The Big Picture: Globalization—Tariffs and Alternate Sources

The new year is upon us, so I started thinking about the main challenges our company and customers are facing as we enter 2020: tariffs, and finding alternate sources for PCBs.

The cloud of tariffs continues to loom over importing PCBs into the U.S. from China. Although there seems to be détente between the U.S. and China with a Phase One trade agreement, a lot needs to be ironed out before we see any changes to tariffs on PCBs. The fact remains that China isn’t paying these tariffs, but the U.S. is. It’s a tax on the U.S. manufacturer, and will eventually be one on the U.S. consumer.

Even though there has been some movement to source from outside of China, the bulk of the volume production capacity remains in China. Moving entire supply chains from North America to China took at least a decade; the movement started in around 1993 and was firmly in place and expanding rapidly by 2003. And I suspect moving them back to North America isn’t the answer. Our cost of production will remain higher than other lower-cost regions, and people will find other sources—such as Vietnam, India, Thailand, South Korea, etc.—before entire supply chains move away from Asia. Additionally, with uncertainty in the leadership and politics in the U.S., no one is willing to make large-scale investments—especially with recent events suggesting that tariffs will be rolled back by the current administration and a potentially new administration in 2021.

Adding to the tariff challenge is the massive 5G roll-out underway in China spearheaded by the likes of Huawei. Not only are higher-end Chinese PCB shops full of 5G work, but the amount of high-speed materials being sucked up by this technology is creating critical material shortages for everyone else. It’s not unusual to see lead times of several months for certain PCBs, depending on region and material type. On the component side, things aren’t much better. Some simple components have a year or longer lead time, and many are doing “just-in-case” buying rather than “just-in-time” planning. That’s what happens when supply chains get disrupted abruptly.

We have found good and reliable sources outside of China to help spread the risk for our customers. Some customers have mandates to move a certain portion, and, in some cases, move entirely out of China. Navigating the challenges of finding and qualifying new sources can be a big challenge. Vast industry experience and connections established over the decades are essential to helping customers find alternate sources.

Most PCB purchasing departments have their hands full simply managing existing supply partners. Further, looking for partners in the aforementioned places (i.e., Vietnam, etc.) can be a daunting challenge. We lay the groundwork to establish qualified alternates and pave the path for our customers to engage in other regions of the world.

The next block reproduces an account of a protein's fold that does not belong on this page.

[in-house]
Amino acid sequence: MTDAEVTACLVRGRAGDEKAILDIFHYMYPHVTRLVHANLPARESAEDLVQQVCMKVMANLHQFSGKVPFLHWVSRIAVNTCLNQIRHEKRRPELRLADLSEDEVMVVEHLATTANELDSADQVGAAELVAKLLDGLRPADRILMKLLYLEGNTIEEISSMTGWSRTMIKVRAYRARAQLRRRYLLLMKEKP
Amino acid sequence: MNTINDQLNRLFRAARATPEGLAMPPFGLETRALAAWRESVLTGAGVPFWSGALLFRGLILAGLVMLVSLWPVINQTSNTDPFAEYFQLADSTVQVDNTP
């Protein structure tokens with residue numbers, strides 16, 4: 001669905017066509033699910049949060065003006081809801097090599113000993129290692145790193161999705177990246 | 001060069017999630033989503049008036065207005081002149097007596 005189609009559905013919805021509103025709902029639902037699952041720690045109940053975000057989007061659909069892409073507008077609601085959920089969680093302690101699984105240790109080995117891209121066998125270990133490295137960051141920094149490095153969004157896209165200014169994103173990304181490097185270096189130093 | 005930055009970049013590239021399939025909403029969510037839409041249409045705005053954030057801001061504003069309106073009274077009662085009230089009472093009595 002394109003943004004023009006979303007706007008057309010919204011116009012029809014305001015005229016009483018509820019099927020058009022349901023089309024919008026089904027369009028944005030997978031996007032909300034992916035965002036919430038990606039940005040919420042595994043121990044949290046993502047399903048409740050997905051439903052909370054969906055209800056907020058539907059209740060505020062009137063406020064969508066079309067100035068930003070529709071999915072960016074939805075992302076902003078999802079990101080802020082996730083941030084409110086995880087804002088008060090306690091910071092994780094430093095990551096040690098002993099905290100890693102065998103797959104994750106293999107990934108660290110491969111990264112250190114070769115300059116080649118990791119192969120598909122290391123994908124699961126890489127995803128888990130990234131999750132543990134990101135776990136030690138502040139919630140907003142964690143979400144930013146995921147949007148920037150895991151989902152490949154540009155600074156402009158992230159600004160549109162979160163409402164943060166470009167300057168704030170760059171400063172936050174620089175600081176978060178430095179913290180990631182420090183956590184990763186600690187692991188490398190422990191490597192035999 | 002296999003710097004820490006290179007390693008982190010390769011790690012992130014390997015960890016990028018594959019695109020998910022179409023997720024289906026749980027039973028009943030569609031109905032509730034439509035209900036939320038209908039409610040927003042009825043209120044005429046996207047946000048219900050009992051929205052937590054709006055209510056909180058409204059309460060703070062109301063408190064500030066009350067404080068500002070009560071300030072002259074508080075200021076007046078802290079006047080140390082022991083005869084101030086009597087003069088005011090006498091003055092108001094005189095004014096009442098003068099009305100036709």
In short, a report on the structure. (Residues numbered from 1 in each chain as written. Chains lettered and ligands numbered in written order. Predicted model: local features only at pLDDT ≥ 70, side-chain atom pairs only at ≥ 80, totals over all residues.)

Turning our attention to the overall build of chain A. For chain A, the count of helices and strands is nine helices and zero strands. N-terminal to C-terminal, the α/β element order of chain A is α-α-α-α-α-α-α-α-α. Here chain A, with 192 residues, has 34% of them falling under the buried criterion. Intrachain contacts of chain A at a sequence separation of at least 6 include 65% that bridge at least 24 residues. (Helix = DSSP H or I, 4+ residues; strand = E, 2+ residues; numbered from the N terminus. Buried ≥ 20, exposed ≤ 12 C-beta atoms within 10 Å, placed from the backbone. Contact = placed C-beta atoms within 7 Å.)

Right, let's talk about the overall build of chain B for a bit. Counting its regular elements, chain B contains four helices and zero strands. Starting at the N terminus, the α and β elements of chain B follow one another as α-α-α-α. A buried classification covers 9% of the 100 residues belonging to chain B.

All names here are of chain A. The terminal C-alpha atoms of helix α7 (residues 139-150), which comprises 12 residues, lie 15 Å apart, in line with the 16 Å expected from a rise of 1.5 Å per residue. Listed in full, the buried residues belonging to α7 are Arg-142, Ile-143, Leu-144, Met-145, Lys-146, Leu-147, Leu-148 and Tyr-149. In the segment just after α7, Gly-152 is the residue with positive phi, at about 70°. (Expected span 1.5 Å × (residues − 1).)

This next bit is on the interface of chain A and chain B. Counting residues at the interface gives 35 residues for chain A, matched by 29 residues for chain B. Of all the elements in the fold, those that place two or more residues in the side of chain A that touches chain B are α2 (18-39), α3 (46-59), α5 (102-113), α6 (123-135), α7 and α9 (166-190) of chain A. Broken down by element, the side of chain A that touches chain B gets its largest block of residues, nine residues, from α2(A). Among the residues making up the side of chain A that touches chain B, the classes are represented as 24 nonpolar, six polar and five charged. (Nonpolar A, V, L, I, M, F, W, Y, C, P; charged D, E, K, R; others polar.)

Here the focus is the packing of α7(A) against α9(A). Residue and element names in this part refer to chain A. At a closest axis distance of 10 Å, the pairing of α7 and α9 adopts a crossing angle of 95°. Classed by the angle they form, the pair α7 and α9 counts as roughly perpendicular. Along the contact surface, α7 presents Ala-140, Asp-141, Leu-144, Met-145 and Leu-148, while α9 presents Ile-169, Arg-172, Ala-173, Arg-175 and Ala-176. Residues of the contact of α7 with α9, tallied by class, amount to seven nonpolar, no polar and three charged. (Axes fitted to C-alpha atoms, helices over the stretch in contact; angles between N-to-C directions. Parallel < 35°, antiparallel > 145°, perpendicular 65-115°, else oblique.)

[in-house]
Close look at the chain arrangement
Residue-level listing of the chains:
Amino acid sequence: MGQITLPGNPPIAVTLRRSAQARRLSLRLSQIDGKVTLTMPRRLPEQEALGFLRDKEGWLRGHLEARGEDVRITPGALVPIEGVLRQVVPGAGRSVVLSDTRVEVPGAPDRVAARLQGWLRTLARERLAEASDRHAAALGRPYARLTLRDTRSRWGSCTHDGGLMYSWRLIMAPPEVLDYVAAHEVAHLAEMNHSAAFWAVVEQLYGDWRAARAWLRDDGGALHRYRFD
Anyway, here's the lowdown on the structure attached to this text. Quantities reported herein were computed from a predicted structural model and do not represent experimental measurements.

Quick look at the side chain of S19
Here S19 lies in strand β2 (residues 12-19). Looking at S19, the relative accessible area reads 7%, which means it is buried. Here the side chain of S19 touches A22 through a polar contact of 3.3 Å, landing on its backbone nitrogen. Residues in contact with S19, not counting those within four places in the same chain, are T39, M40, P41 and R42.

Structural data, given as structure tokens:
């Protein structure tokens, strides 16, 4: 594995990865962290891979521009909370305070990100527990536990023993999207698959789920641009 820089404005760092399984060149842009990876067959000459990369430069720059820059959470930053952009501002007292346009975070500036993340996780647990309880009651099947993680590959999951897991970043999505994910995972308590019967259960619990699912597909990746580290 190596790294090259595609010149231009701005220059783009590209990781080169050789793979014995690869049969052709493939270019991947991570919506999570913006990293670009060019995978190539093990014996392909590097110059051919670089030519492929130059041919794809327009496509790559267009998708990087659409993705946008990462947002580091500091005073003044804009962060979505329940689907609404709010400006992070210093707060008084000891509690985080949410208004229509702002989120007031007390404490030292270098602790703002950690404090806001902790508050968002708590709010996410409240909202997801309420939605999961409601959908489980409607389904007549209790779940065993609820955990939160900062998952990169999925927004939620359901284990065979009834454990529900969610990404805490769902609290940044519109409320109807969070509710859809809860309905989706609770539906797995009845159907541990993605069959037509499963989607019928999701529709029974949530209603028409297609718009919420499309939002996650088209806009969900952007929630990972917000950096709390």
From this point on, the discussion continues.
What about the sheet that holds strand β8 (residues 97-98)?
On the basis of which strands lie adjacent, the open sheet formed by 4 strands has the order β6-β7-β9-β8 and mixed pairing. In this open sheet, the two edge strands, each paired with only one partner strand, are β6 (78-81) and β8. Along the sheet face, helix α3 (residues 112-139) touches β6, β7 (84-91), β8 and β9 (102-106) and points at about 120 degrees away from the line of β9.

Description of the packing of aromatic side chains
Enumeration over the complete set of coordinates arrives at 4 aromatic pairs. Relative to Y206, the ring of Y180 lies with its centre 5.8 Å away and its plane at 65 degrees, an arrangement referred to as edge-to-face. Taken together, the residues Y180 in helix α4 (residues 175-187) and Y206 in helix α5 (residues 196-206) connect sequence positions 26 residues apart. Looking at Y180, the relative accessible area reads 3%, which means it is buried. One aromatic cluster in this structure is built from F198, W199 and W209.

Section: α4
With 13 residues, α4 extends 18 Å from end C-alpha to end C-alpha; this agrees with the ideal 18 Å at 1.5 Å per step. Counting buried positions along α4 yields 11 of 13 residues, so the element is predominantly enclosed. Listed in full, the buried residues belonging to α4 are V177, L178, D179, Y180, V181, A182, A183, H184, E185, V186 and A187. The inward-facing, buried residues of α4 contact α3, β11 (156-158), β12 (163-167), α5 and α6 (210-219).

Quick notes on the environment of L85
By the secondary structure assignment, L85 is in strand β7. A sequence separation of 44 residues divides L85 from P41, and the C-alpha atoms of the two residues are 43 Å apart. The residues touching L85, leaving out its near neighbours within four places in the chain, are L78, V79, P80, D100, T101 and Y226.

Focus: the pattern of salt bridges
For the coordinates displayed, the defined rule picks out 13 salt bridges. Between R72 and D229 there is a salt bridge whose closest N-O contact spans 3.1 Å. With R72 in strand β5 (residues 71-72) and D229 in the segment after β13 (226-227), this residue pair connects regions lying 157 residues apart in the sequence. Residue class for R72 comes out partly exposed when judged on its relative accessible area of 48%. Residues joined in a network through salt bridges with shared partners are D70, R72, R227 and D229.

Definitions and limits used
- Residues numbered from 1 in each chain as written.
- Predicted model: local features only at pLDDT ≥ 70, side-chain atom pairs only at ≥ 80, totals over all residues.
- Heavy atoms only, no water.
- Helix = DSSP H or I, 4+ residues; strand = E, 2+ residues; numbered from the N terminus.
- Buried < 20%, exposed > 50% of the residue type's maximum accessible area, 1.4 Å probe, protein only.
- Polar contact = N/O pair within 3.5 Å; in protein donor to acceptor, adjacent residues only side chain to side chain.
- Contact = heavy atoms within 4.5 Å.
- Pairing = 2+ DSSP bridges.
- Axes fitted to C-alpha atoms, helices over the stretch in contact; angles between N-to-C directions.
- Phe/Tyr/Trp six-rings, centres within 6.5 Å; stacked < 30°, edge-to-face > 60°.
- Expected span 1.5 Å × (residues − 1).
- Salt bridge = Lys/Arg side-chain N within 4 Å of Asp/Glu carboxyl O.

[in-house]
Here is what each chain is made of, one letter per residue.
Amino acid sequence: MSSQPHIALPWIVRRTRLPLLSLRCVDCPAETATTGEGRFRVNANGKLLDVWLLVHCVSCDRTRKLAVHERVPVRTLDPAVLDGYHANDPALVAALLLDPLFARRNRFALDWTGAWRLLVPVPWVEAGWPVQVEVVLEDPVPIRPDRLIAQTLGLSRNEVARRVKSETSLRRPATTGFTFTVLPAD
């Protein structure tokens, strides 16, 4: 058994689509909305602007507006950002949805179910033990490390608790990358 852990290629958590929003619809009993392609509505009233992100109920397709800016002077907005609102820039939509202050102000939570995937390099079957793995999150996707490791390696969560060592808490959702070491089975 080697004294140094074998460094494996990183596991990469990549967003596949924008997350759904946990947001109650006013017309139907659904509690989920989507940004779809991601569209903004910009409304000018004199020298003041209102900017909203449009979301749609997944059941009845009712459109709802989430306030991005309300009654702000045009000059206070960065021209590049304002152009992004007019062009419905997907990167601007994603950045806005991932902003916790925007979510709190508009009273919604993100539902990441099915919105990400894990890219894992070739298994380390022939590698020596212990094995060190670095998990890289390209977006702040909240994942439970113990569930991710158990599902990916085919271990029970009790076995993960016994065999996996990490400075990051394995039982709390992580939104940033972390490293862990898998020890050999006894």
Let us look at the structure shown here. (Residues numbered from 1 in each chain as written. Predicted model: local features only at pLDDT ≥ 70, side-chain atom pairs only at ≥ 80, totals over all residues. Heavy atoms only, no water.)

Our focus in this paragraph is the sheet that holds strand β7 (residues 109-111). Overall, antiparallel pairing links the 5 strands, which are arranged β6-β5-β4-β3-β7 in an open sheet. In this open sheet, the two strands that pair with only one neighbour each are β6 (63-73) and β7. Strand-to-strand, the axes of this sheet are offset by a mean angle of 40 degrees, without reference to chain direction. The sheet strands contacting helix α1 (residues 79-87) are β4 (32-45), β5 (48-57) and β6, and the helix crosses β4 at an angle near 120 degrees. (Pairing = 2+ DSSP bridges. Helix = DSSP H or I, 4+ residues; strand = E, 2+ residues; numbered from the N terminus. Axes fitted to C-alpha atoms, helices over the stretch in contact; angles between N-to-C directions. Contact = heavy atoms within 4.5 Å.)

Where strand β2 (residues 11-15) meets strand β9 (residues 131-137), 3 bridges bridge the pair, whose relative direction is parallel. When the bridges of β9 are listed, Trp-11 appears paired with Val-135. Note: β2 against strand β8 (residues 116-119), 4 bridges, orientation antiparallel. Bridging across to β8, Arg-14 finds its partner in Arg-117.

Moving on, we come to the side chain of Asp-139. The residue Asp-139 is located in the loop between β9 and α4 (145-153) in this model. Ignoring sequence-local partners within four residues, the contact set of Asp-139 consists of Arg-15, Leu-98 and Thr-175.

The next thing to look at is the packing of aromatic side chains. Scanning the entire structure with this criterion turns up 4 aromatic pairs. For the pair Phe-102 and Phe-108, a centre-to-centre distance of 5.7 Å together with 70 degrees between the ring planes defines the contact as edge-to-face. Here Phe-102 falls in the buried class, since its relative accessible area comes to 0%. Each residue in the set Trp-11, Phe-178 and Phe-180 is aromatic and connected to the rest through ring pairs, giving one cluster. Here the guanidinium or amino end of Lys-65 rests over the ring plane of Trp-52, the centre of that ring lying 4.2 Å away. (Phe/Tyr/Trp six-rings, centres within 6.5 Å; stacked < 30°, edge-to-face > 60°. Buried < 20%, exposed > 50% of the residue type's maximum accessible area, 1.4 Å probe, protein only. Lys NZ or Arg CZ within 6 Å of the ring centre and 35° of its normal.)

There is a larger divide that can potentially lead to far broader implications between the U.S. and China. We’re starting to see a separation between U.S.-led technology and China-led technology. In a speech about a year ago, Hank Paulson (former treasury secretary) said, “For 40 years, the U.S.-China relationship has been characterized by the integration of four things: goods, capital, technology, and people.” He continued, “And over these 40 years, economic integration between the two countries was supposed to mitigate security competition. But an intellectually honest appraisal must now admit both that this hasn’t happened and that the reverse is taking place.”

The U.S. is no longer willing to accept China’s unfair trade restrictions, and China is stealing IP from U.S. companies. We tolerated this for years before China became a technology powerhouse. Unlike toys, T-shirts, and tennis shoes, China’s technology now has both economic and military implications.

Paulson further argued, “After 40 years of integration, a surprising number of political and thought leaders on both sides advocate policies that could forcibly de-integrate the two countries across all four of these baskets.” He stated, “We need to consider the possibility that the integration of a global innovation ecosystem will collapse as a result of mutual efforts by the United States and China to exclude one another.” In conclusion, Paulson asserted, “This is why I now see the prospect of an Economic Iron Curtain—one that throws up new walls on each side and unmakes the global economy as we have known it.”

My hope is that the wave that seems to favor nations looking “inward” and becoming “anti-global” will run out of steam. We have seen countries, such as China and India, coming out of poverty through globalization. Yes, everyone has to play fair, but to continue the economic and socio-economic expansion, at the end of the day, we must allow free markets to flourish. I still believe that the most open systems of government win. Time and again in human history, free-market economies and open systems have prevailed, and that will continue.

Mehul J. Davé is CEO and chairman of Entelechy Global Inc. and chairman of Linkage Technologies Inc.



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